Just a few weeks ago, Apple found itself on the wrong side of a decision when US District Judge Denise Cote ruled that Apple had, in fact, conspired with book publishers to raise the price of e-books across the industry.
Today, the DOJ announced a proposed remedy for Apple's alleged wrongdoing. The remedy aims to stop Apple's "illegal activities" and restore competition to the e-book marketplace.
As laid out by the DOJ, the proposed remedy not only requires Apple to put an end to its existing agency-model contracts with book publishers, but also precludes Apple from entering into "new e-book distribution contracts which would restrain Apple from competing on price."
The DOJ writes:
Under the department's proposed remedy, Apple will be prohibited from again serving as a conduit of information among the conspiring publishers or from retaliating against publishers for refusing to sell e-books on agency terms. Apple will also be prohibited from entering into agreements with suppliers of e-books, music, movies, television shows or other content that are likely to increase the prices at which Apple's competitor retailers may sell that content. To reset competition to the conditions that existed before the conspiracy, Apple must also for two years allow other e-book retailers like Amazon and Barnes & Noble to provide links from their e-book apps to their e-bookstores, allowing consumers who purchase and read e-books on their iPads and iPhones easily to compare Apple's prices with those of its competitors.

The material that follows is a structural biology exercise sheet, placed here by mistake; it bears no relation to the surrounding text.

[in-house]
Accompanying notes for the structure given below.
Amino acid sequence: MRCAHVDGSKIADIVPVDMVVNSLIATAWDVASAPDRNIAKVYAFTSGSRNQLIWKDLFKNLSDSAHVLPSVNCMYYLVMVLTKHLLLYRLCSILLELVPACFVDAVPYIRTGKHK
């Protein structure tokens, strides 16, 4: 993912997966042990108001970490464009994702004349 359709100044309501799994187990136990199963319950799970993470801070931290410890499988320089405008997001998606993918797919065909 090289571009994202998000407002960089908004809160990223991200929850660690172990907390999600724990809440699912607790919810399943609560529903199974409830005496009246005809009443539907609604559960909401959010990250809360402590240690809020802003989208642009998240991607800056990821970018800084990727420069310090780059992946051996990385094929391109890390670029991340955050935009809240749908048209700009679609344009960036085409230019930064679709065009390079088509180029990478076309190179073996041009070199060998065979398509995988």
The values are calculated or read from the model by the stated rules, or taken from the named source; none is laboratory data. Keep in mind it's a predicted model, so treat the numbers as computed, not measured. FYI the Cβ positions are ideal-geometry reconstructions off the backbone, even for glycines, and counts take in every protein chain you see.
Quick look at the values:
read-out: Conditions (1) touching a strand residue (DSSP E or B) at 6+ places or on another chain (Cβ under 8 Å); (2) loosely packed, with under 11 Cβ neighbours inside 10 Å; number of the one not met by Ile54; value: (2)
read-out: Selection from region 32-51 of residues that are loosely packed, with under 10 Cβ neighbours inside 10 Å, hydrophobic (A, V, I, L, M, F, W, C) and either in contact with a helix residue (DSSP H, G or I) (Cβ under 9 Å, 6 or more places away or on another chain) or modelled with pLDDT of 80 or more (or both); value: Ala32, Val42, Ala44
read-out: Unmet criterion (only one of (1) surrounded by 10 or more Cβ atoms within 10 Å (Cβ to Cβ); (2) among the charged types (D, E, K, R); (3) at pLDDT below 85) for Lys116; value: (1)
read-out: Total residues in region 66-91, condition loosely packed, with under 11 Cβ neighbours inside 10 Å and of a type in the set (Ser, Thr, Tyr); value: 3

That certainly seems heavy handed.
The DOJ also recommends that Apple be appointed an external monitor by the court who will ensure that the company doesn't run afoul of any antitrust laws going forward. And as if that weren't enough, the monitor's salary and expenses will, according to the proposal, be paid for by Apple.
Think the DOJ is done?
The DOJ also recommends that Apple hire an internal antitrust compliance officer who will not only ensure that Apple complies with court imposed remedies, but will also be tasked with training and educating Apple's senior executives and employees about pertinent antitrust laws.